The interface for creating Mail Act-On rules has progressed from weird and somewhat aggravating to clean and obvious. Previously, to assign keystrokes to rules, you had to give them special, odd names, and put them in a certain position in your list. Now, when you go to Mail’s Rules preference pane, you see three views: Inbox Rules (Mail’s existing rules), Outbox Rules, and Keystroke Rules. When you create a rule in the Keystroke Rules view (Mail Act-On migrates rules from the old version automatically), you simply create a rule as you normally would, but with one tiny addition: a single character that serves as the keystroke. (Yes, just one character – I’m getting to that.)

Earlier versions of Mail Act-On had an odd way of using keystrokes, which took some getting used to. The normal method was to press a user-assignable shortcut key (by default) followed by - not at the same time as - a single character. Alternatively, you could press Control and your shortcut key at the same time, so my "Do the right thing" shortcut was either followed by D, or Control-D, the latter of which I found more convenient and less error-prone. The new interface for performing keystrokes is still unusual, but more intuitive and much more powerful.

You still have the option to press either a shortcut key followed by a keystroke or Control at the same time as a keystroke. The default shortcut key (which is still user-adjustable) has changed to F2; when you press it, a menu appears, showing all your defined keystrokes. If you then hit one of those keys, it does what you expect. However, you can instead press F1 and get an all-purpose menu. In this menu, you can press A to run one of your existing keystroke-based rules, M to move a message, or C to copy a message (among other options). After pressing M or C, you can then navigate to any mailbox in Mail, even if you never defined a rule for it. For example, I might press F1 (to display the menu), then M to say I want to move a
message, then spacebar to say I want to search for a mailbox, and finally a few characters of the mailbox’s name. When I find a match (using the arrow keys if necessary), I just press Return.

That may sound like a lot of key presses, but they all happen in about 2 seconds, and once you’ve done them a few times to get the hang of them, the process becomes automatic. It’s very cool: with about half a dozen keystrokes, I can move or copy a message to any of dozens or hundreds of mailboxes without knowing where it is, without any advance preparation, and – crucially for me – without taking my hands off the keyboard. And, once I’ve moved a message into a mailbox, Mail Act-On remembers that as a recent destination and in the future, lets me get to it with fewer keystrokes (in a manner somewhat reminiscent of LaunchBar).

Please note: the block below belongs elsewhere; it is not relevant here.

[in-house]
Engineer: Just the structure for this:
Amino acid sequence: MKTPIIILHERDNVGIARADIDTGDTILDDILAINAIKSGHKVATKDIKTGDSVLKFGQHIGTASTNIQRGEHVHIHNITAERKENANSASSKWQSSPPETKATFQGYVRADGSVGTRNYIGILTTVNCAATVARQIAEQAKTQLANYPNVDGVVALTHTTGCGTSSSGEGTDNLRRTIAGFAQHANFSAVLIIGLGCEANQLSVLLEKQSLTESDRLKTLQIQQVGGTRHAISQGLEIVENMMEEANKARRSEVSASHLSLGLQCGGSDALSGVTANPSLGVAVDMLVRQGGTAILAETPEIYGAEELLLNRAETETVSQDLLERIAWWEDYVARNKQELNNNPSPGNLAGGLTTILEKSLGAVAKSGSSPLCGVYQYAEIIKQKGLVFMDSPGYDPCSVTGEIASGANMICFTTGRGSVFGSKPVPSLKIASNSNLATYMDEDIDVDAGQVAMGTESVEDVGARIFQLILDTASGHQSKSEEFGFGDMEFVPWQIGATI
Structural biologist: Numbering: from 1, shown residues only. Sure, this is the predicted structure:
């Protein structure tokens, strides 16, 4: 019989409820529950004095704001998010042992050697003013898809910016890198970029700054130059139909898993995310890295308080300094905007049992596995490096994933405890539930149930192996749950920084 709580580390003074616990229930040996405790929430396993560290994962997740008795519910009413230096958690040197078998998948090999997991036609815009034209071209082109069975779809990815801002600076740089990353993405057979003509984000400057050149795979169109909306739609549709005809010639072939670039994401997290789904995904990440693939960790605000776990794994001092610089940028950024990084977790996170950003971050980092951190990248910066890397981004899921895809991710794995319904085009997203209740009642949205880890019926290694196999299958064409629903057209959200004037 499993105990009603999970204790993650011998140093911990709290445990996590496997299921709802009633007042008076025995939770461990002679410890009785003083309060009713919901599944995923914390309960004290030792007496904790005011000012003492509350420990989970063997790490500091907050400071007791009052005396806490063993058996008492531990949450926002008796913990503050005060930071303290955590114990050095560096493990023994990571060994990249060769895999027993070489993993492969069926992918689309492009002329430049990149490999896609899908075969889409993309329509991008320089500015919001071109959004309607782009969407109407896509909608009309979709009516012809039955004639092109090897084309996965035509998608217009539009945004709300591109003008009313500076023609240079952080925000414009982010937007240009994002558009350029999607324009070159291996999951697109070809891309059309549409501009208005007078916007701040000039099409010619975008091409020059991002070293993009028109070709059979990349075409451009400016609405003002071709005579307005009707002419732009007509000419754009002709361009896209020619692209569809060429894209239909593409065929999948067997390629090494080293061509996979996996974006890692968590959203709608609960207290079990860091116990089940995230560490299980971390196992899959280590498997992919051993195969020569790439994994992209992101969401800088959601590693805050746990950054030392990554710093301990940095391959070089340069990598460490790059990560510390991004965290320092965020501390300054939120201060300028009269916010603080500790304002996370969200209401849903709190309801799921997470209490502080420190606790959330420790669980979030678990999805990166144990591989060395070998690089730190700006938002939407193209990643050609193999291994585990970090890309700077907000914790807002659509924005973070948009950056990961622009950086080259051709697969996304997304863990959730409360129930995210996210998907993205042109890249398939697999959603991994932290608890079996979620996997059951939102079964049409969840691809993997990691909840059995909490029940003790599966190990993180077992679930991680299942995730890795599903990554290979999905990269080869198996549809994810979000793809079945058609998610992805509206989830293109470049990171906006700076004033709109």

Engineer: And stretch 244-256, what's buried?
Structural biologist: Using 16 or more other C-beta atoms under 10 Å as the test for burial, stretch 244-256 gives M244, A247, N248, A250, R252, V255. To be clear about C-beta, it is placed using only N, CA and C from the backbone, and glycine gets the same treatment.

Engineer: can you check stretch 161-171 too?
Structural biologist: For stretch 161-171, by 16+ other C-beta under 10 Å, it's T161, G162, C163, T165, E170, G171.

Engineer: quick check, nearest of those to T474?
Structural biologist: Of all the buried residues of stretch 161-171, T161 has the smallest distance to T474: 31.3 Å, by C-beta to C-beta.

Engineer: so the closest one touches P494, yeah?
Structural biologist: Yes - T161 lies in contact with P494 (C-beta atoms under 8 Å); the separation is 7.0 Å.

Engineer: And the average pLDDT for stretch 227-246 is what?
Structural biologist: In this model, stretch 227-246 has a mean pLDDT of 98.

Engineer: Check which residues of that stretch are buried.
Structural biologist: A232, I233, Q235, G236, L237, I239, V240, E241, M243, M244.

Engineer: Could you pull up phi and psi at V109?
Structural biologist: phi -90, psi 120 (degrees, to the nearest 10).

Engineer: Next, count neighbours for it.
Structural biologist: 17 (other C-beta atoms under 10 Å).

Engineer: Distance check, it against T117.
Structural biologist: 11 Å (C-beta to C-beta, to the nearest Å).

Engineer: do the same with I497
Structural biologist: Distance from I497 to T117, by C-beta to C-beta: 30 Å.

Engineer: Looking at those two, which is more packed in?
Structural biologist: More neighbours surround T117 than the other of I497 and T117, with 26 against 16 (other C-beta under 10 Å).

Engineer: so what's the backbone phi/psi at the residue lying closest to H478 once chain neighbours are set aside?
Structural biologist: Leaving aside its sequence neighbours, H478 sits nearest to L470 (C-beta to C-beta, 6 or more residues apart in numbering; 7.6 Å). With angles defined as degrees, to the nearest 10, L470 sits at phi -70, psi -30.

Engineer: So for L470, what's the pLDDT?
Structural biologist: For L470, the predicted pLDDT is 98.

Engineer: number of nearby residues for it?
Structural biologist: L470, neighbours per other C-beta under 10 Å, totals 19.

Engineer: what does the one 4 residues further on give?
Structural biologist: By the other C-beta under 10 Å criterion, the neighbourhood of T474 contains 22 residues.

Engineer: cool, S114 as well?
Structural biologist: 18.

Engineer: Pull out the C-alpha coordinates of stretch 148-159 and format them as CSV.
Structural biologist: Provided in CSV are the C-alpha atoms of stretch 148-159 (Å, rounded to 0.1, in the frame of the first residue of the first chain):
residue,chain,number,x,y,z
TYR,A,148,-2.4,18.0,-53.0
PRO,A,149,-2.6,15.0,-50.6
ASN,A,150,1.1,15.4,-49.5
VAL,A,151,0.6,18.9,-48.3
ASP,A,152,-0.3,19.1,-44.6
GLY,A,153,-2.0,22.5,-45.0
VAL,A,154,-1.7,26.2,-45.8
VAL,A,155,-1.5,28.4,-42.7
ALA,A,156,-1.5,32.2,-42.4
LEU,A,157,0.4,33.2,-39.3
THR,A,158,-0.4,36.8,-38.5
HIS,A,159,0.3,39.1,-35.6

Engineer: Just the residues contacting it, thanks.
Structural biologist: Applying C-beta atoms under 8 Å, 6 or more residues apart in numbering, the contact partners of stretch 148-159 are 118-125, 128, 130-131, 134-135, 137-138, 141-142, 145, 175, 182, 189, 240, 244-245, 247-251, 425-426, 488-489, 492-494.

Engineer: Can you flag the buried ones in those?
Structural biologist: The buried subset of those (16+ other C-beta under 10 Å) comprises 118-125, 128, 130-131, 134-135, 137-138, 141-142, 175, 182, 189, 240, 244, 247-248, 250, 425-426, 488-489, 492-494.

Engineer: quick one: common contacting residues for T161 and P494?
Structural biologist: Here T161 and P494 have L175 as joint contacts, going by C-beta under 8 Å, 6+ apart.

Besides the F1 and F2 shortcuts, there’s also F3, which displays a similar menu – this one just for moving messages (thus saving you one keystroke from the F1 method). You can also lock any of these menus open on screen; this enables you to perform a series of Mail Act-On actions in one swoop, rather than continually dismissing and redisplaying the menus.

Other Features — The new version of Mail Act-On can also undo keystroke rules. I’ve wished for this capability many times, after accidentally hitting the wrong key (but not knowing which one I hit), sending messages into an unknown folder somewhere.

If you also have Indev’s popular MailTags plug-in, which adds searchable keywords, due dates, and other metadata to Mail messages, Mail Act-On inherits some additional capabilities. You can have a rule assign keywords, for example (and that includes outbox rules); you can also press K after displaying the F1 menu to add keywords manually, or press P to assign the message to a project (essentially a category). Indev says MailTags integration comes by way of a new extensible architecture that could enable other developers to add their own features, though I have not yet seen any further details on how this works.

Last but not least, Mail Act-On 2 has added a new feature that many long-time users are sure to be less than excited about: a price! Previously the program was freeware, but now it’s shareware (a 21-day free trial is available). The introductory price is $19.95 (expected to increase to $24.95 at some point in the future). Given how much more productive Mail Act-On has made me – and the fact that I’ve had free use of it for several years – I think that price is more than fair.

Mail Act-On 2.0.1 runs only on Mac OS X 10.5 Leopard, and is a 2.3 MB download. Version 1.3.2, which runs only on Mac OS X 10.3 and 10.4 (and has none of the groovy new features) remains available as a free 911K download.